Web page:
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Article
February 1978

Adolescent Pregnancy—A National Priority

Author Affiliations

The University of Rochester Schools of Medicine and Nursing 601 Elmwood Ave, Box 690 Rochester, NY 14642

Am J Dis Child. 1978;132(2):125-126. doi:10.1001/archpedi.1978.02120270023003
Abstract

Adolescent pregnancy is a major health problem in the United States. In 1975, there were approximately 900,000 pregnancies to women younger than 20 years of age; approximately 600,000 of these pregnancies resulted in live-births and 300,000 in abortions. Thus, one of five births and one of three abortions were to adolescents younger than 20 years old.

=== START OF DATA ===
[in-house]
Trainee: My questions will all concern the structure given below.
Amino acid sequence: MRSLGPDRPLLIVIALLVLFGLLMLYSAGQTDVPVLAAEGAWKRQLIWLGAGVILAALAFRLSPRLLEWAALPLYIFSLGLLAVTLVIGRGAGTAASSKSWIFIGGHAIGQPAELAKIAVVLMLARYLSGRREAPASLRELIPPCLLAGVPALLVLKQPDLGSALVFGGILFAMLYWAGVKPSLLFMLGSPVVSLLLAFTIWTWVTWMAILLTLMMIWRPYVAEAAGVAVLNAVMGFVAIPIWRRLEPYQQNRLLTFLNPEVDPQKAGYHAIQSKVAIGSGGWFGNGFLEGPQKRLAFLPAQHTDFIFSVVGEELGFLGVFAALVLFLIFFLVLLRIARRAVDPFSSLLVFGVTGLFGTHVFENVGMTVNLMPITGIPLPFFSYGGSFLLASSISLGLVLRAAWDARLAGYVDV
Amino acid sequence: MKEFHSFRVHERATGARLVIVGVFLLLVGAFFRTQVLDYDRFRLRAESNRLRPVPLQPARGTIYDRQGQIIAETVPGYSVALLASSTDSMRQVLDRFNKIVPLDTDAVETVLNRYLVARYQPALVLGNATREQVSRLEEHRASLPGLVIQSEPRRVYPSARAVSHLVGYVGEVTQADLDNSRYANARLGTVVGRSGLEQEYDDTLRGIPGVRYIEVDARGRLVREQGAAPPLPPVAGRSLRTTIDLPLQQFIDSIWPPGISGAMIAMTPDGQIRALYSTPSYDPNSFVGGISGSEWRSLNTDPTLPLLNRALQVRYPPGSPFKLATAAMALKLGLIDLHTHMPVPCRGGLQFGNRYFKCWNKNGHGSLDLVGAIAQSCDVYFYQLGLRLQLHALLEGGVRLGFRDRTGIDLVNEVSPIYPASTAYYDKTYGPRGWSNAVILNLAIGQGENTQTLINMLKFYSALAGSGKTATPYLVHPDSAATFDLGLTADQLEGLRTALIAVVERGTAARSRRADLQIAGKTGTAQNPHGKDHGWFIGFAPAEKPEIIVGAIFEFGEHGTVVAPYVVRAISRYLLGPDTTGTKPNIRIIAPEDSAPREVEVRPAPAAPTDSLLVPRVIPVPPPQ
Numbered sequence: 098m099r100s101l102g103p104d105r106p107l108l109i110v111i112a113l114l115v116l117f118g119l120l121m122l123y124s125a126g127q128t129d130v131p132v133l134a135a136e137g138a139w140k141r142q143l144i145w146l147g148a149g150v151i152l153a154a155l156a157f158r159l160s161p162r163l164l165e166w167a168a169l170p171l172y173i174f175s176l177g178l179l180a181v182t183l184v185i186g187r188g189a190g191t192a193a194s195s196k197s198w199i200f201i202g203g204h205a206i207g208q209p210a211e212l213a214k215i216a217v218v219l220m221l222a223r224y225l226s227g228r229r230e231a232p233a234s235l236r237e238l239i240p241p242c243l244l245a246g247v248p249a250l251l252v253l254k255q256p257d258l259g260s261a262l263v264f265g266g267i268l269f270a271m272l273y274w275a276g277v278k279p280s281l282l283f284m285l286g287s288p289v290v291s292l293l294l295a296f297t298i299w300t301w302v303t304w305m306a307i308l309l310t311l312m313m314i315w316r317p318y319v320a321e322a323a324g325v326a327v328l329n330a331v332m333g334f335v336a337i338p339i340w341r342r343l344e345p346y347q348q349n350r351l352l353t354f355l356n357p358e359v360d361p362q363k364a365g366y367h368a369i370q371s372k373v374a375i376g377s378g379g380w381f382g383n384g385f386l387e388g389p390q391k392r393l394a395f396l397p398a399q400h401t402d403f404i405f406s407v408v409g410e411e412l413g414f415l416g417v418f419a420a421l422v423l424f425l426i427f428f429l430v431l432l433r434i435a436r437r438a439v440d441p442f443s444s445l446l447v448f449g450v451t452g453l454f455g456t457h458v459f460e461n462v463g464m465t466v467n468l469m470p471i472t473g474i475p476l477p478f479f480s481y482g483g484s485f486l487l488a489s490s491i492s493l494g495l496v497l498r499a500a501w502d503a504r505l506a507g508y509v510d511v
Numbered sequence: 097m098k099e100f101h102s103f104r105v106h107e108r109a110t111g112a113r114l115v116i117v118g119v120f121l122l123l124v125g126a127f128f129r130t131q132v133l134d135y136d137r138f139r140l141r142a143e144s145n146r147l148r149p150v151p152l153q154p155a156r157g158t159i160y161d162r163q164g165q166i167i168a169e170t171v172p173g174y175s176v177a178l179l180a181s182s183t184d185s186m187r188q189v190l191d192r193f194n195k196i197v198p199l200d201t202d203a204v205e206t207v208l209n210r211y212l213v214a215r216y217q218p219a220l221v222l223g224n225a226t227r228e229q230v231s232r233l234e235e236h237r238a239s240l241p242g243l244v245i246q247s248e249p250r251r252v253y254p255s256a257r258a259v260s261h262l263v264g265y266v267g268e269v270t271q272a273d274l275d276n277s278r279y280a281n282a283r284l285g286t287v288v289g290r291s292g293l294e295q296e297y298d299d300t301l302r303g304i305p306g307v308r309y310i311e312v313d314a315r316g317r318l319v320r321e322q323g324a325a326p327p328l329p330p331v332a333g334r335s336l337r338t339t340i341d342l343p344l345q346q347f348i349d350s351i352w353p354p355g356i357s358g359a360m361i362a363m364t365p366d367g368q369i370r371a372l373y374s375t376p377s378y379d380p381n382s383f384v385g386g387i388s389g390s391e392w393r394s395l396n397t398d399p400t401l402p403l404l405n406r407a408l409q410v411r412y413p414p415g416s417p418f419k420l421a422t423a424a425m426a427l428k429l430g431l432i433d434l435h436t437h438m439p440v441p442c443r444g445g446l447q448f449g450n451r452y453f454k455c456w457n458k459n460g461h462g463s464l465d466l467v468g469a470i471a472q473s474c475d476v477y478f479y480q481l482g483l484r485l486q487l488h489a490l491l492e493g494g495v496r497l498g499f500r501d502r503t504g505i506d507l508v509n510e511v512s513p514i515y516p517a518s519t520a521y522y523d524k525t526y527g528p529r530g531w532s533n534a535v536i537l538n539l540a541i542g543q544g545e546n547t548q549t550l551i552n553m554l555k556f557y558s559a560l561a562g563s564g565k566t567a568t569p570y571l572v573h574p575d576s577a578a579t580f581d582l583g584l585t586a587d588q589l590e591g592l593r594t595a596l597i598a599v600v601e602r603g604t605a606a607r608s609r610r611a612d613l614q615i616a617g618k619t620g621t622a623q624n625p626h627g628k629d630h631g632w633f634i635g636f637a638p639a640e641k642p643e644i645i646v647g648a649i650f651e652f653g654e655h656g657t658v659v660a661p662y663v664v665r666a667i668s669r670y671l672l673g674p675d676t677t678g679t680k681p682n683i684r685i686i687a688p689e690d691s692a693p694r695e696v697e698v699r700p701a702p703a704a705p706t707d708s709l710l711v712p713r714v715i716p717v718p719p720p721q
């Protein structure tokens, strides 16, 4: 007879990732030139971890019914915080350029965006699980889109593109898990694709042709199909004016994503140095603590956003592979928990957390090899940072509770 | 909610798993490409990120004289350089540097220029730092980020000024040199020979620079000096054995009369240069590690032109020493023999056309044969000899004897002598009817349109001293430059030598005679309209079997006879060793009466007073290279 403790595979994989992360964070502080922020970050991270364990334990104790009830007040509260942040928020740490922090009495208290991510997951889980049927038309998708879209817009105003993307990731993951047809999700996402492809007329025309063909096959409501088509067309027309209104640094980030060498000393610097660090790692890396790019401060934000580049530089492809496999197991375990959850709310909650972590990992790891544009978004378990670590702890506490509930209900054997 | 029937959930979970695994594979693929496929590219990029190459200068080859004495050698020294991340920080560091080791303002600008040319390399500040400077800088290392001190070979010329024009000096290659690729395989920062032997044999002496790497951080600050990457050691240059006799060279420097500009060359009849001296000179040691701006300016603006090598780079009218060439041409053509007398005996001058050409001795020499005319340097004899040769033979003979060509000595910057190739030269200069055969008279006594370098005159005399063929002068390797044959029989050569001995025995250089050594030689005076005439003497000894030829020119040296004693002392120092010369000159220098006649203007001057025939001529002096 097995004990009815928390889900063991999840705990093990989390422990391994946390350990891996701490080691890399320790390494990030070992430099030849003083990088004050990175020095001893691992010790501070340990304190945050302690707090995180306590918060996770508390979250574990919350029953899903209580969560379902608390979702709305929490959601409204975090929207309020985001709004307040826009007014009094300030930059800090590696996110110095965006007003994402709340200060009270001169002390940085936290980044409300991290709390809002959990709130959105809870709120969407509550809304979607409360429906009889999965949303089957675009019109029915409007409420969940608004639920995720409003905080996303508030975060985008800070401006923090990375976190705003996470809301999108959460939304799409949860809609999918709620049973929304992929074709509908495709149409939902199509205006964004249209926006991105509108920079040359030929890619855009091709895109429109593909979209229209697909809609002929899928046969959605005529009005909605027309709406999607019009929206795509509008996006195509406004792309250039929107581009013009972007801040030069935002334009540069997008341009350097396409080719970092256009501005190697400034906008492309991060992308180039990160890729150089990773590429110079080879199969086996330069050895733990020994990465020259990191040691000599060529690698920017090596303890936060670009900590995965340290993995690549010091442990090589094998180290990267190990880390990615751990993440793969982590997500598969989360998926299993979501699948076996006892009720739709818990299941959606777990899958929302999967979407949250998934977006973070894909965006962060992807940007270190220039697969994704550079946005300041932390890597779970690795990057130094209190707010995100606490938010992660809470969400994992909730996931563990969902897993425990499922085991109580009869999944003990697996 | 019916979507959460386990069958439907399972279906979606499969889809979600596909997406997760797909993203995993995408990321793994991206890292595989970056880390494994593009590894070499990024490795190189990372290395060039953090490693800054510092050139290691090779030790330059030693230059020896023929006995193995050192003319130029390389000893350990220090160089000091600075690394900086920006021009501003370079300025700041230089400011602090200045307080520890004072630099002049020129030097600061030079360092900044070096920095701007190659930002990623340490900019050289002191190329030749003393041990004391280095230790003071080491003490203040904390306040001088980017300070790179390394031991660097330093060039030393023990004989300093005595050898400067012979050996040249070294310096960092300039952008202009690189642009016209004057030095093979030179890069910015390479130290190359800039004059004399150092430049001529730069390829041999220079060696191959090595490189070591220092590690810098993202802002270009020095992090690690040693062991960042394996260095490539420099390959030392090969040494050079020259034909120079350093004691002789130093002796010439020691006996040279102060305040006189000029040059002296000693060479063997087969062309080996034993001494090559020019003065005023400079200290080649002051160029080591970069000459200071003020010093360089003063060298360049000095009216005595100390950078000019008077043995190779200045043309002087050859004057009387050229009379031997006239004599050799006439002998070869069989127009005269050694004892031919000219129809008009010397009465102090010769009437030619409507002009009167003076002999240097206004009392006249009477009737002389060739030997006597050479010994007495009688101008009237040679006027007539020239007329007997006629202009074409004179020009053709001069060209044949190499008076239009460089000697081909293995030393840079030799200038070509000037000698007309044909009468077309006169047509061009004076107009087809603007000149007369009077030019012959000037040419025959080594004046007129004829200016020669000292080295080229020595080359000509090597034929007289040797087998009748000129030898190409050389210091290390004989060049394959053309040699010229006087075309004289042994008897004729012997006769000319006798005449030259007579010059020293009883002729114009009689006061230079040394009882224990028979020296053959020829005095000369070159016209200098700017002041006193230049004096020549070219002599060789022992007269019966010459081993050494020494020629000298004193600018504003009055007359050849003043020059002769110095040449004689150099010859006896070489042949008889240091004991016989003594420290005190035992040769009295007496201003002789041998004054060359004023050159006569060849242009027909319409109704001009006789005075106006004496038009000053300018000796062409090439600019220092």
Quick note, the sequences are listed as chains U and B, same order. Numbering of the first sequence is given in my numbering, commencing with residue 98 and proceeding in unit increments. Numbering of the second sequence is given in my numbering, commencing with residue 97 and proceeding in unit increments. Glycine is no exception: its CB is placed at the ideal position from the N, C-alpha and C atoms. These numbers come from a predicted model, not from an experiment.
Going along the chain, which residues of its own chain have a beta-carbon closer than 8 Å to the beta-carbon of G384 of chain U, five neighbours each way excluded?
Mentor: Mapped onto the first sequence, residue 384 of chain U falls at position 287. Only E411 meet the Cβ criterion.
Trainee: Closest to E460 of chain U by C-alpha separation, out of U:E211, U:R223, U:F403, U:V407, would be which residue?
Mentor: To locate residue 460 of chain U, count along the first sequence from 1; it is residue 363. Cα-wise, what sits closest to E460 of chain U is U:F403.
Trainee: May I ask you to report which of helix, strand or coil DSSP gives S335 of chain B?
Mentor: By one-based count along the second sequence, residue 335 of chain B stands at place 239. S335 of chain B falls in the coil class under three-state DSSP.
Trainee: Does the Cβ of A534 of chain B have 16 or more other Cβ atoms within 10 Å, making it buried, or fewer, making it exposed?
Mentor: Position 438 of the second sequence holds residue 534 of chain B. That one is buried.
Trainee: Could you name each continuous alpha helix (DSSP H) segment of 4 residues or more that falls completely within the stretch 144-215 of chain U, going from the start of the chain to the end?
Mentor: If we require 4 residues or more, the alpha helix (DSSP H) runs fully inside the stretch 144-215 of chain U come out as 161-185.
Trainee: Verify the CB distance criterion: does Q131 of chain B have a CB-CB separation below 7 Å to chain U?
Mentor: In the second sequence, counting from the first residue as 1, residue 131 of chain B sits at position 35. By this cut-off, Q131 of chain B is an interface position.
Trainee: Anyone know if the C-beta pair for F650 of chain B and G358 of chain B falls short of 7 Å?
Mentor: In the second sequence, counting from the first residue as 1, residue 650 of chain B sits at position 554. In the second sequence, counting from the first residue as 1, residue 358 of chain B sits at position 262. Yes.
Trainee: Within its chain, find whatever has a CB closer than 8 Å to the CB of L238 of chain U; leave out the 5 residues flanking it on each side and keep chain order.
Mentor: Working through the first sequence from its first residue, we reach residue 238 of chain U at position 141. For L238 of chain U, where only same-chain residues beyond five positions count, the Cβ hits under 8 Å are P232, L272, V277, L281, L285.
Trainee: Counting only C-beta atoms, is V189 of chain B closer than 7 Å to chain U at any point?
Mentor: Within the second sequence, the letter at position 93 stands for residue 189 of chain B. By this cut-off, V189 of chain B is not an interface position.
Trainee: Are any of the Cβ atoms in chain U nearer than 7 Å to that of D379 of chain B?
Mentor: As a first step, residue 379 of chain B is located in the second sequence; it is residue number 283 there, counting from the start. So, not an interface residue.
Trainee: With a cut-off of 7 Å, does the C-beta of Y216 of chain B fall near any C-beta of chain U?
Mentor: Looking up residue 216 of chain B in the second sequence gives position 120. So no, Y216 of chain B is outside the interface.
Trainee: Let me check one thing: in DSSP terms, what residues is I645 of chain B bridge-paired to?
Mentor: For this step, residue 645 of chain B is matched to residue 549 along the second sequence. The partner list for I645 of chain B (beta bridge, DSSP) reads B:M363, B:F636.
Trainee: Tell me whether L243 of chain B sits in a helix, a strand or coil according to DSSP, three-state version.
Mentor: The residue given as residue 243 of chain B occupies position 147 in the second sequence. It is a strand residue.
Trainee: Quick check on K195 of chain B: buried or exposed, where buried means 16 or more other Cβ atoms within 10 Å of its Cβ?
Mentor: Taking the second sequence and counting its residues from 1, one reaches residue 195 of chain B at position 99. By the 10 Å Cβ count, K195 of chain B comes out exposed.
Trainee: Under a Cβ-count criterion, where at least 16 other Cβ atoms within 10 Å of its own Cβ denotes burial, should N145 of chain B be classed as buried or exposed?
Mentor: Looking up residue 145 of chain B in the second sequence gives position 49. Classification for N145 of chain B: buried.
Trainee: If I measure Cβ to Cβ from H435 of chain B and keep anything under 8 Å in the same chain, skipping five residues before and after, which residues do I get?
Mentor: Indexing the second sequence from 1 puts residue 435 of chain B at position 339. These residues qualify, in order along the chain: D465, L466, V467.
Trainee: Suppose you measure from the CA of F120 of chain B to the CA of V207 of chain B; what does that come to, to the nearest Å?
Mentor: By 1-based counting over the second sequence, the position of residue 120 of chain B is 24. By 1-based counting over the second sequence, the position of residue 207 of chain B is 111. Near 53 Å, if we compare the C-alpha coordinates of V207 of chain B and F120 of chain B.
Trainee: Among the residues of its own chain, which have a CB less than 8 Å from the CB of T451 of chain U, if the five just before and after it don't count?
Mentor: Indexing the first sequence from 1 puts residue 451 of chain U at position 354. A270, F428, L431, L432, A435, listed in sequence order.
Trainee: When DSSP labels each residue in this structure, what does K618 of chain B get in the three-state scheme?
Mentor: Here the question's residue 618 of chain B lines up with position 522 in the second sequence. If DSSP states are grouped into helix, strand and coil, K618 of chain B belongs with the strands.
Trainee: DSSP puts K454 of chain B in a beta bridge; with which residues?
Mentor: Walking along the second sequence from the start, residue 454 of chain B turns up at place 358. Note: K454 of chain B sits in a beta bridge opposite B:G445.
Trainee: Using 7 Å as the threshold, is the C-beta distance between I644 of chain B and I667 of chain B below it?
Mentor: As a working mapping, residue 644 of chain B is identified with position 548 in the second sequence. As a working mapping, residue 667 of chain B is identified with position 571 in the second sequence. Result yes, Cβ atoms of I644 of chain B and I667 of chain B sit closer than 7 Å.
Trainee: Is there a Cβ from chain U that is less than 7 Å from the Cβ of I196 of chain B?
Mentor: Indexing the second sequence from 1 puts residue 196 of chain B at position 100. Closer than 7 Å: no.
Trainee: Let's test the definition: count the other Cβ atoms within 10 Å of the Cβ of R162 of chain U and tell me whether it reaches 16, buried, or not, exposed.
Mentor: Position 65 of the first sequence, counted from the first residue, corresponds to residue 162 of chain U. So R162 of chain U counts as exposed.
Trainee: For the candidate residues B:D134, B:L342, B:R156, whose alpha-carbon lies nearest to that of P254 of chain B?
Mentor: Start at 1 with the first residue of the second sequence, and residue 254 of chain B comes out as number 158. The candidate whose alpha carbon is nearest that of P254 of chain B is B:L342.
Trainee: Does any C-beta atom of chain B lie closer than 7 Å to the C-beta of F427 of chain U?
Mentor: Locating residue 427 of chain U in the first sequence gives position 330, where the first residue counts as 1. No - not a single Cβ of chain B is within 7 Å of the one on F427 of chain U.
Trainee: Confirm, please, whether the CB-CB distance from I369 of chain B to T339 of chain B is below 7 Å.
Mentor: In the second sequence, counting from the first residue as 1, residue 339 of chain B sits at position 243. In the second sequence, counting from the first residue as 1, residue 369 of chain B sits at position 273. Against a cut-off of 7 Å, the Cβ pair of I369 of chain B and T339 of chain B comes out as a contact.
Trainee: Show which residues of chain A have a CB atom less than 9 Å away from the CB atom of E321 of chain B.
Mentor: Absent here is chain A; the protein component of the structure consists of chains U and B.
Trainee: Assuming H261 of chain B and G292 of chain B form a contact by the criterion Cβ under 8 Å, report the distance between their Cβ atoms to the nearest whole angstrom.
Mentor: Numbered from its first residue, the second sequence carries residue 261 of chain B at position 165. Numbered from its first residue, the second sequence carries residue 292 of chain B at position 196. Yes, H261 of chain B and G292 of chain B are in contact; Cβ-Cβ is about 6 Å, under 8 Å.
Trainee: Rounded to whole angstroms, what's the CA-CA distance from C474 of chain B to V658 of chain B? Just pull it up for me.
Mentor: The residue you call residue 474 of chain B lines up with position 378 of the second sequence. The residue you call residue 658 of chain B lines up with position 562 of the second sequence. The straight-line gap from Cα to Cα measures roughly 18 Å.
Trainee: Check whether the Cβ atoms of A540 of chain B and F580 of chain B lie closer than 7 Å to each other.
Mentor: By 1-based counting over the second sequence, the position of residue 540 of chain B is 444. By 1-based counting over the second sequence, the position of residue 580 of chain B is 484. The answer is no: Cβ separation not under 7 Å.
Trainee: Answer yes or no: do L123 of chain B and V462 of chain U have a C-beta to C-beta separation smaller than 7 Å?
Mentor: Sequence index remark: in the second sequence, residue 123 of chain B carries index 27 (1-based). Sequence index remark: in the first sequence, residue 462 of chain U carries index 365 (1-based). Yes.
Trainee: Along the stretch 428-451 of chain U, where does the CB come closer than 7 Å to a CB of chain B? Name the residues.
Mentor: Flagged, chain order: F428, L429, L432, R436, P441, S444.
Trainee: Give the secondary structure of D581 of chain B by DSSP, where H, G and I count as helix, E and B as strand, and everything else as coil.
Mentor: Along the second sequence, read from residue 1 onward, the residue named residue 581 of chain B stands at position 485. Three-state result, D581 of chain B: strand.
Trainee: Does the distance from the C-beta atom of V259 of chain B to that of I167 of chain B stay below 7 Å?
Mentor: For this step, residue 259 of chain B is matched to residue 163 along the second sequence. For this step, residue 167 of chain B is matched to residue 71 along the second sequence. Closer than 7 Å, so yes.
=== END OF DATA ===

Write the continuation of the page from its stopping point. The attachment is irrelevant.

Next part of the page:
Adolescent childbearing remained essentially unchanged from the early 1900s to the end of World War II. In immediate post-World War II society, adolescent marriages and childbearing were common. The birthrate to women 15 to 19 years of age was 81.6 per 1,000 women in 1950; 96.3 per 1,000 women in 1957; and 63.3 per 1,000 women in 1970. The illegitimacy rate (number of illegitimate births per 1,000 unmarried women) is more reflective of current trends in adolescent childbearing than birthrates. The illegitimacy rate for women 15 to 19 years of age rose from 12.6

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